# 2.3: Percents

- Page ID
- 130927

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\(\newcommand{\avec}{\mathbf a}\) \(\newcommand{\bvec}{\mathbf b}\) \(\newcommand{\cvec}{\mathbf c}\) \(\newcommand{\dvec}{\mathbf d}\) \(\newcommand{\dtil}{\widetilde{\mathbf d}}\) \(\newcommand{\evec}{\mathbf e}\) \(\newcommand{\fvec}{\mathbf f}\) \(\newcommand{\nvec}{\mathbf n}\) \(\newcommand{\pvec}{\mathbf p}\) \(\newcommand{\qvec}{\mathbf q}\) \(\newcommand{\svec}{\mathbf s}\) \(\newcommand{\tvec}{\mathbf t}\) \(\newcommand{\uvec}{\mathbf u}\) \(\newcommand{\vvec}{\mathbf v}\) \(\newcommand{\wvec}{\mathbf w}\) \(\newcommand{\xvec}{\mathbf x}\) \(\newcommand{\yvec}{\mathbf y}\) \(\newcommand{\zvec}{\mathbf z}\) \(\newcommand{\rvec}{\mathbf r}\) \(\newcommand{\mvec}{\mathbf m}\) \(\newcommand{\zerovec}{\mathbf 0}\) \(\newcommand{\onevec}{\mathbf 1}\) \(\newcommand{\real}{\mathbb R}\) \(\newcommand{\twovec}[2]{\left[\begin{array}{r}#1 \\ #2 \end{array}\right]}\) \(\newcommand{\ctwovec}[2]{\left[\begin{array}{c}#1 \\ #2 \end{array}\right]}\) \(\newcommand{\threevec}[3]{\left[\begin{array}{r}#1 \\ #2 \\ #3 \end{array}\right]}\) \(\newcommand{\cthreevec}[3]{\left[\begin{array}{c}#1 \\ #2 \\ #3 \end{array}\right]}\) \(\newcommand{\fourvec}[4]{\left[\begin{array}{r}#1 \\ #2 \\ #3 \\ #4 \end{array}\right]}\) \(\newcommand{\cfourvec}[4]{\left[\begin{array}{c}#1 \\ #2 \\ #3 \\ #4 \end{array}\right]}\) \(\newcommand{\fivevec}[5]{\left[\begin{array}{r}#1 \\ #2 \\ #3 \\ #4 \\ #5 \\ \end{array}\right]}\) \(\newcommand{\cfivevec}[5]{\left[\begin{array}{c}#1 \\ #2 \\ #3 \\ #4 \\ #5 \\ \end{array}\right]}\) \(\newcommand{\mattwo}[4]{\left[\begin{array}{rr}#1 \amp #2 \\ #3 \amp #4 \\ \end{array}\right]}\) \(\newcommand{\laspan}[1]{\text{Span}\{#1\}}\) \(\newcommand{\bcal}{\cal B}\) \(\newcommand{\ccal}{\cal C}\) \(\newcommand{\scal}{\cal S}\) \(\newcommand{\wcal}{\cal W}\) \(\newcommand{\ecal}{\cal E}\) \(\newcommand{\coords}[2]{\left\{#1\right\}_{#2}}\) \(\newcommand{\gray}[1]{\color{gray}{#1}}\) \(\newcommand{\lgray}[1]{\color{lightgray}{#1}}\) \(\newcommand{\rank}{\operatorname{rank}}\) \(\newcommand{\row}{\text{Row}}\) \(\newcommand{\col}{\text{Col}}\) \(\renewcommand{\row}{\text{Row}}\) \(\newcommand{\nul}{\text{Nul}}\) \(\newcommand{\var}{\text{Var}}\) \(\newcommand{\corr}{\text{corr}}\) \(\newcommand{\len}[1]{\left|#1\right|}\) \(\newcommand{\bbar}{\overline{\bvec}}\) \(\newcommand{\bhat}{\widehat{\bvec}}\) \(\newcommand{\bperp}{\bvec^\perp}\) \(\newcommand{\xhat}{\widehat{\xvec}}\) \(\newcommand{\vhat}{\widehat{\vvec}}\) \(\newcommand{\uhat}{\widehat{\uvec}}\) \(\newcommand{\what}{\widehat{\wvec}}\) \(\newcommand{\Sighat}{\widehat{\Sigma}}\) \(\newcommand{\lt}{<}\) \(\newcommand{\gt}{>}\) \(\newcommand{\amp}{&}\) \(\definecolor{fillinmathshade}{gray}{0.9}\)The final two sections of this part will focus on a very specific type of ratio: a *percent*. In this chapter we'll focus on the one basic equation that describes all problems involving basic percents, and practice using it in context.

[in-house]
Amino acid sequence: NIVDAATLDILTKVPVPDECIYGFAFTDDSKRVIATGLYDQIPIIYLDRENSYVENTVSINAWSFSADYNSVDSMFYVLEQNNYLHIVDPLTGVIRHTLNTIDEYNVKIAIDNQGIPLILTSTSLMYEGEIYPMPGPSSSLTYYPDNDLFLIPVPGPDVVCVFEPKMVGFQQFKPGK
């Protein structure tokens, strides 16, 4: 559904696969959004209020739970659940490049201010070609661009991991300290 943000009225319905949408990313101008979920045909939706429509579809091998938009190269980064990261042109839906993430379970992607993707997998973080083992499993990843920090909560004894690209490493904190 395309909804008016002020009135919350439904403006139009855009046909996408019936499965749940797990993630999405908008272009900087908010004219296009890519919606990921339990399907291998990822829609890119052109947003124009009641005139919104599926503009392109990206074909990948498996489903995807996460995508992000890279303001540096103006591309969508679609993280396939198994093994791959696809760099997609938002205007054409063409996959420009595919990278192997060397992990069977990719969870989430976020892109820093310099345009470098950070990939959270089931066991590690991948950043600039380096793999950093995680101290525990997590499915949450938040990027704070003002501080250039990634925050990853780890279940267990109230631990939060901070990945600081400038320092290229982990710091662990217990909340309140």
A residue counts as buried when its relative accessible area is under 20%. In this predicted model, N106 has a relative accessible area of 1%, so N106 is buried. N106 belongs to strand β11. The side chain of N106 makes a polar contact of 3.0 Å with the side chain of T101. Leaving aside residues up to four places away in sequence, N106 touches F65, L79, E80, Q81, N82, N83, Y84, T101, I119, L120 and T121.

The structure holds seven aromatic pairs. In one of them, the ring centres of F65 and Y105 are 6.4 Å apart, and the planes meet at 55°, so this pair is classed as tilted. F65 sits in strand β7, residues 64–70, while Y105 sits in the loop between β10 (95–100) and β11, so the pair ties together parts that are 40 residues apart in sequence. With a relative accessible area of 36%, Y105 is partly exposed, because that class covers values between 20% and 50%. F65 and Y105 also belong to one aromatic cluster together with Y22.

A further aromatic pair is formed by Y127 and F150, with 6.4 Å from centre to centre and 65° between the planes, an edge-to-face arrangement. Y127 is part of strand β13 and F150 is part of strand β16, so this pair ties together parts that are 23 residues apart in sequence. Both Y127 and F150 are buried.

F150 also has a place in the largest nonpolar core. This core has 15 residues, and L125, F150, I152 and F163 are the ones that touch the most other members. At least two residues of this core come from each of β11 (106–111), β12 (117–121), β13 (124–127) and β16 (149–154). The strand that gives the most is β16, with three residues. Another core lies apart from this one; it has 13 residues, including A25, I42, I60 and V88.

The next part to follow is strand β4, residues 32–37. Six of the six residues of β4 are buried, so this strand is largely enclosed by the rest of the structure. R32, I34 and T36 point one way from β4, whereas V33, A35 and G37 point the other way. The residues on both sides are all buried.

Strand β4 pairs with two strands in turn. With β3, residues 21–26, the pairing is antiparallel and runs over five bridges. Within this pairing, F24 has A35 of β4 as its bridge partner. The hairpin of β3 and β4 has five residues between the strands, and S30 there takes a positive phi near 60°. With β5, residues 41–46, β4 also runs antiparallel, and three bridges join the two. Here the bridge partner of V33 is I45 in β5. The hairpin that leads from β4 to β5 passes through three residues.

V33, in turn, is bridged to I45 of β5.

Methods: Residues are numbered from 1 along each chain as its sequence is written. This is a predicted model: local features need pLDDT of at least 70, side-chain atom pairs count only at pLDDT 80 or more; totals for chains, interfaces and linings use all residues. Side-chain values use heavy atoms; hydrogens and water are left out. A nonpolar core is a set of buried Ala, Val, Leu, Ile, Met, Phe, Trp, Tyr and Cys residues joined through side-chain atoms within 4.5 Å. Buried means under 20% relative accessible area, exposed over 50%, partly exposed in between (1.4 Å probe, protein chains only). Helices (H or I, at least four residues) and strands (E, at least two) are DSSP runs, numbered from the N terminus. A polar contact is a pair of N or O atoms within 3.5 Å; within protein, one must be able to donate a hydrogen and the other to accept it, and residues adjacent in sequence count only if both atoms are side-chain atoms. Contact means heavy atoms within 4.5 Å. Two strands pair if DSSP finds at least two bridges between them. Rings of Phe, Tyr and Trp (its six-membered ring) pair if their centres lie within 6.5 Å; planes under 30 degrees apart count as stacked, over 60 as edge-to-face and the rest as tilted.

- Understand and use the word "percent" in context
- Recognize and convert between various representations of percents
- Use the Basic Percent Equation to solve problems involving percents

## Definition and Representation of Percents

We start with the main definition:

A **percent** is a ratio with a denominator of 100. The percent sign \(\%\) is equivalent to the fraction \(\frac{n}{100}\).

Recall that the denominator is the bottom of the fraction; that is, the second number in the ratio. The word *percent* literally means "per \(100\)." That is, a percent expressed as a portion of a whole when that whole is divided into hundredths.

A quick note about language: some people use the words *percent* and *percentage* interchangeably, but technically they don't mean the same thing. A percentage is a relative amount (for example, "a large percentage") and a percent is a specific amount (for example, "\(20\) percent"). This isn't a point we'll belabor, but this book will specifically use the word *percent* when referring to a specific ratio.

Before we solve problems involving percents, it's important to know that a percent can be expressed in three ways: using a percent sign, as a decimal, or as a fraction. It is helpful to know how to convert between these. We'll do a couple examples in detail, and then provide a table of other examples for reference.

- Express \(96\%\) as a decimal and as a fraction.
- Express \(\frac{3}{20}\) as a decimal and as a percent.

###### Solution

- The percent denoted \(96\%\) is equivalent to the fraction \(\frac{96}{100}\) by definition of percent. The equivalent decimal is \(.96\).
- Calculating \(\frac{3}{20} = 3 \div 20\), we see that the fraction \(\frac{3}{20}\) is equivalent to the decimal \(.15\). This decimal is \(15\) hundredths, or \(\frac{15}{100}\) so the corresponding percent is \(15\%\). Note in this example we see that multiple fractions can correspond to the same percent.

In the previous example, you may have noticed a quick way to convert between decimals and percents:

To convert a decimal to a percent, move the decimal point two places *right*, and then put a percent sign at the end. For example: \[.127 = 12.7\%\]

To convert a percent to a decimal, move the decimal point two places *left*, and then drop the percent sign. For example: \[56.3\% = .563\]